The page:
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Peter Ahlstrom
01-27-2012, 05:28 PM
Hi there. I've tried looking around for info on how to do this but am coming up blank.

I've got a map of a continent that is about 120° wide and 60° tall. It's drawn, basically, is if the world is flat. So let's say this is the equivalent, more or less, of the picture being taken from a satellite above the planet at a sufficient distance for the globe to look like a disc, and this satellite is positioned exactly over the center of this continent. So basically, this is a continent which will fit fine into an Azimuthal Equidistant projection using G.Projector, with the settings of longitude 0° E, latitude -30° N, and Radius 45°, with fill corners checked.

I want to take this azimuthal equidistant projection and project it back to a baseline Equirectangular projection. There doesn't seem to be any way in G.Projector to do this: it will only calculate other projections starting with an equirectangular projection, and won't go the other way around if you don't have an equirectangular one to start out with.

Any ideas? I'm open to ANY method that will get me from a "looks like a globe photographed from space" to an equirectangular map. The rest of the non-continent globe surface can be completely white, that's fine.

Hai-Etlik
01-31-2012, 12:37 PM
Actually a globe from space approaches an Orthographic projection, not an Equidistant one. You could try using GDAL if you don't mind a command line interface, or a GIS like QuantumGIS can do this.

RobA
01-31-2012, 04:13 PM
You could also use a 3d modelling program. If you texture a sphere with your planar image, and set up a spherical/panoramic camera in the center of the sphere you can go back to the equi-rectangular projection.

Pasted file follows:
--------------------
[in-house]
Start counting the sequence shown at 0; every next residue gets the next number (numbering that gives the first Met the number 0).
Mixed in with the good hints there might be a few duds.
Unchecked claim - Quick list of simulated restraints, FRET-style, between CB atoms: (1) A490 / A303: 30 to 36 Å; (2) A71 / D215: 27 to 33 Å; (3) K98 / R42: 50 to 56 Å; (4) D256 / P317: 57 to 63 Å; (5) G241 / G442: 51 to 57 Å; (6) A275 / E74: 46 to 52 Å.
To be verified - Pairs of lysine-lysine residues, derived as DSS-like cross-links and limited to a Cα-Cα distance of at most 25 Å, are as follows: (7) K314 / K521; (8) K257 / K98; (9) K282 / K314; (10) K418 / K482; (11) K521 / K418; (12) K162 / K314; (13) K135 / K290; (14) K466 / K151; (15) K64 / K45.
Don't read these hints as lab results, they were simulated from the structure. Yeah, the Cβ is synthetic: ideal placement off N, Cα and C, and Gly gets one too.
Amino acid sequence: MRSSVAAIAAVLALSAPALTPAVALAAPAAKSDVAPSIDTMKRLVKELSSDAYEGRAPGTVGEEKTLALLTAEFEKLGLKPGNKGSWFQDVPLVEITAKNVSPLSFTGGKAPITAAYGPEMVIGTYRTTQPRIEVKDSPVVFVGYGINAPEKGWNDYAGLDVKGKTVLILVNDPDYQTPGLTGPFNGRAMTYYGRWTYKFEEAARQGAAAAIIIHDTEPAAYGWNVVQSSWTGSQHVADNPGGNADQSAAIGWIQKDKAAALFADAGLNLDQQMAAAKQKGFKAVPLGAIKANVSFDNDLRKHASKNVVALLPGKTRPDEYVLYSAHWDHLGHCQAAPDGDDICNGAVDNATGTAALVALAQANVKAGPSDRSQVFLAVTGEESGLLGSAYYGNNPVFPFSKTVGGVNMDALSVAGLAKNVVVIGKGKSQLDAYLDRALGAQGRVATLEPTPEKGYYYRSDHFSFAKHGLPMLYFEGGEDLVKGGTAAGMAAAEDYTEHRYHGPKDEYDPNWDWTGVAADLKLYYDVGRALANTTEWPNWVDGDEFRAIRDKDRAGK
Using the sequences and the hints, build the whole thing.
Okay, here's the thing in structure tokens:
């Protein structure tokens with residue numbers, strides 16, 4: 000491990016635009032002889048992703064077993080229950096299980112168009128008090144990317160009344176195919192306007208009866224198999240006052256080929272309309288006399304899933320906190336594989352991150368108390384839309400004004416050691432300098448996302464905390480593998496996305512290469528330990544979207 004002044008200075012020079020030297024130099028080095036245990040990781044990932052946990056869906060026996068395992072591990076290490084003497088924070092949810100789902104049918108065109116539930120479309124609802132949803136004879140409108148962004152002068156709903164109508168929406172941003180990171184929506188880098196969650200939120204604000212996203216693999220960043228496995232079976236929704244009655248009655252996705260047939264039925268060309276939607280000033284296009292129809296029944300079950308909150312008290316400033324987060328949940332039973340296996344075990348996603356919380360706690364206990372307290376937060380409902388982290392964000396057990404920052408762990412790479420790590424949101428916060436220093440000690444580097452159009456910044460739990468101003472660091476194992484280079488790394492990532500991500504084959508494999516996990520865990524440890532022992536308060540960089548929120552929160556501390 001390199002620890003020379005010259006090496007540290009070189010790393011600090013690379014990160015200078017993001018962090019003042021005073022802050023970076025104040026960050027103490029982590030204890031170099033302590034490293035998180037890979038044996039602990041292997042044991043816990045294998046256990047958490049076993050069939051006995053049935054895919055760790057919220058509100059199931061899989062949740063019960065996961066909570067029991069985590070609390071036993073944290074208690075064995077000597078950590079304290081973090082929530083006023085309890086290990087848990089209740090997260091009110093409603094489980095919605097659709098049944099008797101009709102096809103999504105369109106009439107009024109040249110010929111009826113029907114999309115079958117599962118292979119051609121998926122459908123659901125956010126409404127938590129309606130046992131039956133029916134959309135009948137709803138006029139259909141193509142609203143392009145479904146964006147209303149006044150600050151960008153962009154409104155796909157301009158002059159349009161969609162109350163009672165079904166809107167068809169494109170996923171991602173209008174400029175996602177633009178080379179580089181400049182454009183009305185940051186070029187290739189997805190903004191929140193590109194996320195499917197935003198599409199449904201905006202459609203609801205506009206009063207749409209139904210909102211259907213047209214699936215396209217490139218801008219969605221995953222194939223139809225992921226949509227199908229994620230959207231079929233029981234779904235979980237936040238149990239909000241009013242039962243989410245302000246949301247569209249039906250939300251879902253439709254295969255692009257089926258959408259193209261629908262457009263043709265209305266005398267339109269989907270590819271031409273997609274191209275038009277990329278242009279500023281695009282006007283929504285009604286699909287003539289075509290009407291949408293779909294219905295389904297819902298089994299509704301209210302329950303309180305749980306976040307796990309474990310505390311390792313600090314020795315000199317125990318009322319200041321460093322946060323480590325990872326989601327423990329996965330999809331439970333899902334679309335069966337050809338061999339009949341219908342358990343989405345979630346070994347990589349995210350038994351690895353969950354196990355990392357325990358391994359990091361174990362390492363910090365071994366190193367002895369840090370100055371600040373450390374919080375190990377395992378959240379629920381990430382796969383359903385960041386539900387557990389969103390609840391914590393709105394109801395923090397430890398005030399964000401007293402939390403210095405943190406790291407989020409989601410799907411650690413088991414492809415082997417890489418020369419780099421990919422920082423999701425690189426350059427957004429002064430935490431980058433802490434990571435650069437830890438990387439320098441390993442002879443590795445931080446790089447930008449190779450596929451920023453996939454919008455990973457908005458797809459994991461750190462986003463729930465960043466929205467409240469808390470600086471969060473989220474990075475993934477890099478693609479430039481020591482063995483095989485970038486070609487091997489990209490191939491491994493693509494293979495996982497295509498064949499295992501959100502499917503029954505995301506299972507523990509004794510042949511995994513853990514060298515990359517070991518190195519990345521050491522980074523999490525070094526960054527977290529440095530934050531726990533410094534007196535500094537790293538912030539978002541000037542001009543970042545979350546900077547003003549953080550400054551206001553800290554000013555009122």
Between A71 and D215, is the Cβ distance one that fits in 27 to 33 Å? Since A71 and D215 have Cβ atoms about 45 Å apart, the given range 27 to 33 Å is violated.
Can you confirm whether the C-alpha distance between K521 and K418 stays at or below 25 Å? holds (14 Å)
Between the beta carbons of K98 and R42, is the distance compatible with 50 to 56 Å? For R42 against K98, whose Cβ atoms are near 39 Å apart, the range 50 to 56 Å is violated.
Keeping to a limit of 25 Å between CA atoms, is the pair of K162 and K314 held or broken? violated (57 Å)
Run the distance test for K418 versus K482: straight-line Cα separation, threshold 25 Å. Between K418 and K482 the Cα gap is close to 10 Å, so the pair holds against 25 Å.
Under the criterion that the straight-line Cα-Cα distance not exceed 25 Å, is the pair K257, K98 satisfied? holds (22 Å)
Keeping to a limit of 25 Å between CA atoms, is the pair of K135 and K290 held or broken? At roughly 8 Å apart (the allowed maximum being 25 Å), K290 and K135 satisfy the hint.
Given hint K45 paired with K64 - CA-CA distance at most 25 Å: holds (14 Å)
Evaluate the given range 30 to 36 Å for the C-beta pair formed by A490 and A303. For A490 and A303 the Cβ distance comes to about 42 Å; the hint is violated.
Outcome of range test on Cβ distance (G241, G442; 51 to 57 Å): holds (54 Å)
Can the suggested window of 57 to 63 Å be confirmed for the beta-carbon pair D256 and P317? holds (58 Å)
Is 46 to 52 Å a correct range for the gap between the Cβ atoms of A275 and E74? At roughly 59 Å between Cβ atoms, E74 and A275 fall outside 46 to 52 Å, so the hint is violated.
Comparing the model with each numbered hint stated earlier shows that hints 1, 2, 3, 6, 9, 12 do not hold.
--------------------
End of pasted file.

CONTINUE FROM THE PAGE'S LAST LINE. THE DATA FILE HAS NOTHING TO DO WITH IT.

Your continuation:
(I've used POVRay for this in the past, but the learning curve is fairly steep as it has no GUI either :P )

-Rob A>

waldronate
02-01-2012, 01:35 AM
Long, long ago I wrote http://www.ridgenet.net/~jslayton/ReprojectImage.zip to do this sort of thing. It's a little rough around the edges, but it works quite well to go from a number of projections to Equirectangular.

Peter Ahlstrom
04-27-2012, 11:42 AM
Hi there,

It took too long for my post to get through moderation, so I figured everything out myself before the replies came. I'm on OS X, so I used the various commandline tools.

You're right about orthographic, but I didn't quite describe myself well enough. Anyway, using azimuthal made an end result that looks like what I wanted.

Here's what I did...

I found a blue marble geotiff, and used listgeo to get the data out of it. My map is 10000px by 5000 px. I altered the pixel scale to 0.036 and this turned out completely right (as far as I can tell).

So I put the geo data into the tiff to make a geotiff...

geotifcp -g Roshar-equirectangular.geo roshar_world/roshar_no_title.tif Roshar-equirectangular-unskewed-geotiff.tif

Then I warped it to the azimuthal equidistant projection I wanted...

gdalwarp -s_srs '+proj=latlong' -t_srs '+proj=aeqd +lat_0=-30 +lon_0=0' Roshar-equirectangular-unskewed-geotiff.tif Roshar-azimuthal-equidistant-unskewed-geotiff.tif

Then I opened that in Photoshop and pasted the old map on top of the new one, lining everything up in the middle. I increased the size by 171% to get it to align (I'm not worrying about the dodgy interpolation of data).

Then I saved to a new tiff, copied out the geo data from the azimuthal geotiff using listgeo, then copied it over to my new saved version to make a new geotiff:

geotifcp -g Roshar-azimuthal-equidistant.geo Roshar-azimuthal-equidistant.tif Roshar-azimuthal-equidistant-geotiff.tif

Then I warped it back to equirectangular:

gdalwarp -t_srs '+proj=latlong' -s_srs '+proj=aeqd +lat_0=-30 +lon_0=0' Roshar-azimuthal-equidistant-geotiff.tif Roshar-partial-equirectangular-geotiff.tif

Then in Photoshop I pasted the new version on top of my old equirectangular version, scaled to 58.1% aligned in the middle. And that was pretty much done.

Then I used make_gores.pl from http://www.vendian.org/mncharity/dir3/planet_globes/ to make a gore map so it can be printed out on stickers and stuck onto a globe.